Interviews in QR are different from the structured interviewing techniques in quantitative research and the interviewer has a more passive, adaptive role, giving direction to topic areas, [18] allowing expression of understandings and health behaviors of the subject [19] and providing an atmosphere in which participants are more willing to be open about behaviors and attitudes. One example in dental public health is when school children were interviewed about food choices and preferences which influence oral health through semi-structured interviews. [12] The influence of peer pressure was subsequently confirmed which was not previously thought of. Interviews can offer a rich source of data; [10] however, practical constraints due to time, research agendas, financing, and access mean that semi-structured qualitative interviews are more often used. [20]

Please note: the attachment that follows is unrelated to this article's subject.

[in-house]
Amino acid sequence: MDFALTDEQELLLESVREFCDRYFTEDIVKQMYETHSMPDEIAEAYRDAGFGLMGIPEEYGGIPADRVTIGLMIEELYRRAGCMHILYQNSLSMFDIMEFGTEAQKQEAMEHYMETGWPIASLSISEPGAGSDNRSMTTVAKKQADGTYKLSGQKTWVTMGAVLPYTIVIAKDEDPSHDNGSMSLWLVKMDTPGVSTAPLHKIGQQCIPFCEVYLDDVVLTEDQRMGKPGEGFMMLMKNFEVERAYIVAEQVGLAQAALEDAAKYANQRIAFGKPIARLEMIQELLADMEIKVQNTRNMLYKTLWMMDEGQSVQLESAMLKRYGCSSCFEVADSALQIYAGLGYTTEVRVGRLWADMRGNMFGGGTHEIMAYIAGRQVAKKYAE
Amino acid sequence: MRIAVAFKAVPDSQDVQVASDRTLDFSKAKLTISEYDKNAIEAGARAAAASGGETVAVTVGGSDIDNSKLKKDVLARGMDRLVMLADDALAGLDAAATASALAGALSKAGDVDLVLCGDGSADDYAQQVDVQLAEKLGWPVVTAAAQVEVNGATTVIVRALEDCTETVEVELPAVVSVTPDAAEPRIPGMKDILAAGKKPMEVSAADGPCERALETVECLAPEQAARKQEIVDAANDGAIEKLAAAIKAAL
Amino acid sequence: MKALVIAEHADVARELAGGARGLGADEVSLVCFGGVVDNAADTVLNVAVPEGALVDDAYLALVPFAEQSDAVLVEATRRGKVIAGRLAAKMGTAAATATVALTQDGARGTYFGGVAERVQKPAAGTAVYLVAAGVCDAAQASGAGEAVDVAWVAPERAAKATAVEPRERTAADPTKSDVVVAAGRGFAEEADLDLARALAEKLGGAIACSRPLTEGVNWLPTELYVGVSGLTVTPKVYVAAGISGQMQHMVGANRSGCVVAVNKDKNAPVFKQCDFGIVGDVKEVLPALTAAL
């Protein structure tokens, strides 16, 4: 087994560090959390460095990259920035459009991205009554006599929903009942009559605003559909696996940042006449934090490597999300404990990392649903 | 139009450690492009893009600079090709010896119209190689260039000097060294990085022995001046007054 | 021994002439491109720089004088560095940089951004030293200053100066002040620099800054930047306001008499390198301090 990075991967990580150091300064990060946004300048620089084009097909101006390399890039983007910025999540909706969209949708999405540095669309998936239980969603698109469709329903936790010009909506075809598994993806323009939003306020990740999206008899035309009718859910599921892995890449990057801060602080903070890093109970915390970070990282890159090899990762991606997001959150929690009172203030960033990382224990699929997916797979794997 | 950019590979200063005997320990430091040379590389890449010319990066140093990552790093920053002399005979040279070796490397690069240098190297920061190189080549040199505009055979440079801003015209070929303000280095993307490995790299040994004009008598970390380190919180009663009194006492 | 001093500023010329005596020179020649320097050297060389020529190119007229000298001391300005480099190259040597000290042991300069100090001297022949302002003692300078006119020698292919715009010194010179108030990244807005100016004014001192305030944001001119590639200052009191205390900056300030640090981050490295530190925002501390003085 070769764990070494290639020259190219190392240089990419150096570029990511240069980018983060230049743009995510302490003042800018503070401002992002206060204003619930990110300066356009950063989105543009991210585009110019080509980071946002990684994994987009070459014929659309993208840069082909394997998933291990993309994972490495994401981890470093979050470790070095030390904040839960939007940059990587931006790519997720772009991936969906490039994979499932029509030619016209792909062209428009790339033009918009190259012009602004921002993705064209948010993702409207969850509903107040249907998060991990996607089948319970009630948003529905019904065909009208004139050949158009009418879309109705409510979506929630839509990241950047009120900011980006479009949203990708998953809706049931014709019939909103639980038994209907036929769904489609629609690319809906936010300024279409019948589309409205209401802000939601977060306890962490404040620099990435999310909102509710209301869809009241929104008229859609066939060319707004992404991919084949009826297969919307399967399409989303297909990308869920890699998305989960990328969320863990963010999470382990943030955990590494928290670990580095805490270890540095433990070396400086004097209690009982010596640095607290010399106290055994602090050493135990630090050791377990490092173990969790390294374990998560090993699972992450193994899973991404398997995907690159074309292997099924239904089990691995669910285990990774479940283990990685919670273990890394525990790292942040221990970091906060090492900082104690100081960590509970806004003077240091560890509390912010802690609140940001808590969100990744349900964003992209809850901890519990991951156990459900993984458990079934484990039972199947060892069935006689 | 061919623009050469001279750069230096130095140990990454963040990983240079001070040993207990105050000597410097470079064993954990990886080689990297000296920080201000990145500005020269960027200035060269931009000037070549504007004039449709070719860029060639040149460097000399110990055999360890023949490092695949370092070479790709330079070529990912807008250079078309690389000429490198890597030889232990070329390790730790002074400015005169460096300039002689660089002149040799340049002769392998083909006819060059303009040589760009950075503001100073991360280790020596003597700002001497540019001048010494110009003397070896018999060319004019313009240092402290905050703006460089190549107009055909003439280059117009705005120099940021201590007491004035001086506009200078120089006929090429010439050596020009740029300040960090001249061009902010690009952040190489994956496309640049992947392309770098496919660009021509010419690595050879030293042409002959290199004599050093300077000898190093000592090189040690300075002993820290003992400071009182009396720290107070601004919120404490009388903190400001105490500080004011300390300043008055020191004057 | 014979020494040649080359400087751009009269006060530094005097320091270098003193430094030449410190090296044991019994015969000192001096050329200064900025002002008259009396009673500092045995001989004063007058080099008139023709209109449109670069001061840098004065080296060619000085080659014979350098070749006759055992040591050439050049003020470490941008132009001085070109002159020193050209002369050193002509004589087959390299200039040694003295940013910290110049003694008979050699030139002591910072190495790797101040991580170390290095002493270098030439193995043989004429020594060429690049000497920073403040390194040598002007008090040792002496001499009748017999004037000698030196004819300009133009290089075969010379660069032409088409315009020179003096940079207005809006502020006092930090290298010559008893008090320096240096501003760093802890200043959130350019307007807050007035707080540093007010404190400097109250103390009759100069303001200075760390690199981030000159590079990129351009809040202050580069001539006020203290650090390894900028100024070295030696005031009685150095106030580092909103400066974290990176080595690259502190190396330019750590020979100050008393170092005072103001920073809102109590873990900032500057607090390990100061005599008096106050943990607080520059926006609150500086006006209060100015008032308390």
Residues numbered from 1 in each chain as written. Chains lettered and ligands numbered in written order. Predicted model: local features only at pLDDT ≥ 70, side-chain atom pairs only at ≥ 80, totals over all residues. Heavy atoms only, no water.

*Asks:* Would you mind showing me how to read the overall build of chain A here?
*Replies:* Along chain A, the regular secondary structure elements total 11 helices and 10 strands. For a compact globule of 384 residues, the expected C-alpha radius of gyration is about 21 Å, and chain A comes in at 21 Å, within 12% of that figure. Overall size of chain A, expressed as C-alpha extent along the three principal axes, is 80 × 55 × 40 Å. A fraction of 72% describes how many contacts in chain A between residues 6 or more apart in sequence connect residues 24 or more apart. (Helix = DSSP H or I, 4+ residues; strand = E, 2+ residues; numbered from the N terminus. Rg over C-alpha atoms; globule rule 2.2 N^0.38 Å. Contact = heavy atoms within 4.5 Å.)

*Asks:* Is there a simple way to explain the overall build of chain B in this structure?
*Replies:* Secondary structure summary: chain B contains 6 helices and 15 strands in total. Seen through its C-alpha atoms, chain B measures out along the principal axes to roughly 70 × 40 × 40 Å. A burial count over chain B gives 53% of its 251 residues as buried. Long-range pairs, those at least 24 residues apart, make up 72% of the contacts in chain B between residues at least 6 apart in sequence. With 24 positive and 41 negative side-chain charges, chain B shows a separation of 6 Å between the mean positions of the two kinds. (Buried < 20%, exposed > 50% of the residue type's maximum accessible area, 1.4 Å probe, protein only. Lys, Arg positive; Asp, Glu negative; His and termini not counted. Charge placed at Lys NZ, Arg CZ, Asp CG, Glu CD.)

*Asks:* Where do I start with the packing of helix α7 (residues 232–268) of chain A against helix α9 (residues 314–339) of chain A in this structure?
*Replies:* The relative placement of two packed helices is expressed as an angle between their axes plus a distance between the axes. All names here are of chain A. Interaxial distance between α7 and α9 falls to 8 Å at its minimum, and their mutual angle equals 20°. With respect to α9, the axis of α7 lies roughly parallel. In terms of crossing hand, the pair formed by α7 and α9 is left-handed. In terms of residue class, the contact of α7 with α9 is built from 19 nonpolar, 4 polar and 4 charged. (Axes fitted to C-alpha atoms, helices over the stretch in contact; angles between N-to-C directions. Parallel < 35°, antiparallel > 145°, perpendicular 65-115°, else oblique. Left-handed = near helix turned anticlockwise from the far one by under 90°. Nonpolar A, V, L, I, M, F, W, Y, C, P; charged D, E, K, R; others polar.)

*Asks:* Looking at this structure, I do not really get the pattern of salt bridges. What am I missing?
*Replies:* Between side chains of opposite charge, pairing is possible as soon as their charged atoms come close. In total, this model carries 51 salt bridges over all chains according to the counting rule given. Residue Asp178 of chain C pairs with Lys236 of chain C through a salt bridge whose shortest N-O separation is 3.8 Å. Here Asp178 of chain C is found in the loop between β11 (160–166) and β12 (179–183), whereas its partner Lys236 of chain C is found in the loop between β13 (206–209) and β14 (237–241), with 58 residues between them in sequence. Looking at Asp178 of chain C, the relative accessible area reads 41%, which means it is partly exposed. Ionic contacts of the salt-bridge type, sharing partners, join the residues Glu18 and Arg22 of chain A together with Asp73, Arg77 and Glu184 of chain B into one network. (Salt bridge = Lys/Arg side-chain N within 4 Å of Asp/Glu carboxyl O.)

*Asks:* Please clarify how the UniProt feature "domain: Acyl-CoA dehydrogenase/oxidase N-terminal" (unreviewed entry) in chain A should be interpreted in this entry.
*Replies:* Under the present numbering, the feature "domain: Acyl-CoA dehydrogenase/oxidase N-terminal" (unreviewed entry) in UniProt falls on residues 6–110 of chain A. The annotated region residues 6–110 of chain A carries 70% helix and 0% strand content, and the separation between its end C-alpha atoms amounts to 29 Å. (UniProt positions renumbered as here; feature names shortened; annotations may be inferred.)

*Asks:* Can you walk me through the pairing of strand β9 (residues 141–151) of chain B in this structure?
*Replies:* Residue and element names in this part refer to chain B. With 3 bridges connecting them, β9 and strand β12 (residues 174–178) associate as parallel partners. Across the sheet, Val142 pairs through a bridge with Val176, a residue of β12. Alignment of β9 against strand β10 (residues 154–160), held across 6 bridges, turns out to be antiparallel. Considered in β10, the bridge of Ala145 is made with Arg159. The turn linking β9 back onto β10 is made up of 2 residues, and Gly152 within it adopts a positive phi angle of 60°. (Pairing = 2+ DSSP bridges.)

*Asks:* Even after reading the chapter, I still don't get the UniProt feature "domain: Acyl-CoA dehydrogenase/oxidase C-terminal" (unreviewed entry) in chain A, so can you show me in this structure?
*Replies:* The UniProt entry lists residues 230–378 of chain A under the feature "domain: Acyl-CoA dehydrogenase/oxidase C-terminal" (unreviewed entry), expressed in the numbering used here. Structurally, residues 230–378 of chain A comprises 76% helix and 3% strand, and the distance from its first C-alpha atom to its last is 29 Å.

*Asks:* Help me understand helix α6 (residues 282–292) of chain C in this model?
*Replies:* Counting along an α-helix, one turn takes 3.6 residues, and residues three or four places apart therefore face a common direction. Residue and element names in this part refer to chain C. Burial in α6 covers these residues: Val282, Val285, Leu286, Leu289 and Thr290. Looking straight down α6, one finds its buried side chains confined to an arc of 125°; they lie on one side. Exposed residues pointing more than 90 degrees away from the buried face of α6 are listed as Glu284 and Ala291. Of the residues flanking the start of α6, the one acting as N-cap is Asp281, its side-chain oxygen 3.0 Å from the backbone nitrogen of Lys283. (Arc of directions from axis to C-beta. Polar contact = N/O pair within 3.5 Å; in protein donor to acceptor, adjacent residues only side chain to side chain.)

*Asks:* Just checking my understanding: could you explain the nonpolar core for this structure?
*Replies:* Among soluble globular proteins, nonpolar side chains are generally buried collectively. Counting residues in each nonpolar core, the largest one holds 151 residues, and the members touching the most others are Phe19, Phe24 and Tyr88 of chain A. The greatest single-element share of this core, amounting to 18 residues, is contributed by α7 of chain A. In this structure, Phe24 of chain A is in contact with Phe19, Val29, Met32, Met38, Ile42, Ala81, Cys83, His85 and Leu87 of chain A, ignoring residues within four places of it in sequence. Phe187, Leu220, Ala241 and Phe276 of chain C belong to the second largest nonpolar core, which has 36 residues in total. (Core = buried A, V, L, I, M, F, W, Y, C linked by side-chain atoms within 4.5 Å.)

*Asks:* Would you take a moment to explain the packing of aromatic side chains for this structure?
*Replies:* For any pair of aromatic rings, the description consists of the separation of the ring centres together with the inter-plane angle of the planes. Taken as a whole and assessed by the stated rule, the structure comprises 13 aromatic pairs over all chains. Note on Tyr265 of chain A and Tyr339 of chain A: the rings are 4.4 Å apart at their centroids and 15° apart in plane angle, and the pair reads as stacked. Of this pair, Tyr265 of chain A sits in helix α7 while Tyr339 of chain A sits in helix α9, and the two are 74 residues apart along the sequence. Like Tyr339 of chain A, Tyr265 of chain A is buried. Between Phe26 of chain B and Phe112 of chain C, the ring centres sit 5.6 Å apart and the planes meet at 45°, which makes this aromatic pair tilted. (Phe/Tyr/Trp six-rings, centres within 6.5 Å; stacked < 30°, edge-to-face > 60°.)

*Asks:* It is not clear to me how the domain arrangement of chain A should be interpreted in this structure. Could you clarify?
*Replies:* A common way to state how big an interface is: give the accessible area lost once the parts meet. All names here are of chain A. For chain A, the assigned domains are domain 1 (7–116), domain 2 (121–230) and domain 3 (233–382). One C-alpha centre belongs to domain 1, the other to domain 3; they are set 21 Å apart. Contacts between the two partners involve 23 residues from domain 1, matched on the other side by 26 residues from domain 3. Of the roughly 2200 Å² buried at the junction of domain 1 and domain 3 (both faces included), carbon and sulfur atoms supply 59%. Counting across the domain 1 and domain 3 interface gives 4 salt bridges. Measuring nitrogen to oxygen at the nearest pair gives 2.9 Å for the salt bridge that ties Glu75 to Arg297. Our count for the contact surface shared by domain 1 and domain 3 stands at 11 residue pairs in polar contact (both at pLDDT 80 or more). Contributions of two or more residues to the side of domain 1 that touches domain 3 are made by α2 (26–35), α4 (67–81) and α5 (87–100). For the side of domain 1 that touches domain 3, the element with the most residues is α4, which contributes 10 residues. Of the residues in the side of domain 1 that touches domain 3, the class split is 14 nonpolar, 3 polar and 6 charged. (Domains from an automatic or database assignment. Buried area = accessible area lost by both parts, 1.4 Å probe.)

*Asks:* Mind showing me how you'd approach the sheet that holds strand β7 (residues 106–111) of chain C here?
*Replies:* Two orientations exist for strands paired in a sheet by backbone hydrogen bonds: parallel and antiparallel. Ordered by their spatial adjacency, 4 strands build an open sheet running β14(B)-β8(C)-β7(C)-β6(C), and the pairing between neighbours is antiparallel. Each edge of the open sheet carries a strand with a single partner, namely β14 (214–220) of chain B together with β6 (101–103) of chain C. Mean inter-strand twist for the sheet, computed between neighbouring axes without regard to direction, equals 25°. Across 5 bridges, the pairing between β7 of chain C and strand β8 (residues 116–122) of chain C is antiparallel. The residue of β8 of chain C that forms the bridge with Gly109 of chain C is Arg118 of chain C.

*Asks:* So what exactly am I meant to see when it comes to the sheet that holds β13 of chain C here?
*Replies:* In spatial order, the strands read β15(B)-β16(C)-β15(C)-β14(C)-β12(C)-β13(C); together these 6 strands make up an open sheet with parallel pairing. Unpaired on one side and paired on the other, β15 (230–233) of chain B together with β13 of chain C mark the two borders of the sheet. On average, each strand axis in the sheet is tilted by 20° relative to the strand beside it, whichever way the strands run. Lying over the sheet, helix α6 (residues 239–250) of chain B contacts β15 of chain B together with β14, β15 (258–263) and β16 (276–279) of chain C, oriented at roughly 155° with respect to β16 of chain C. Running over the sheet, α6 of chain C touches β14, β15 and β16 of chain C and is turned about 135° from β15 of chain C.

Focus groups

A focus group can be defined as a group discussion on a given topic organized for research purposes which is guided, monitored, and recorded by the researcher. [21] Focus groups generate information on collective views and the understanding, experiences, beliefs, and meanings that lie behind those views. [22],[23] The discussions are not structured and generally move from a more general to specific issues related to the research agenda where the role of the moderator or the researcher is quite crucial. Focus groups in dental research are recommended in a number of areas relating to patients, dental services, and the dental profession. For example, they have been used to explore barriers to services among minority ethnic groups and also to investigate the oral health-related attitudes of drug users. [24]

Observation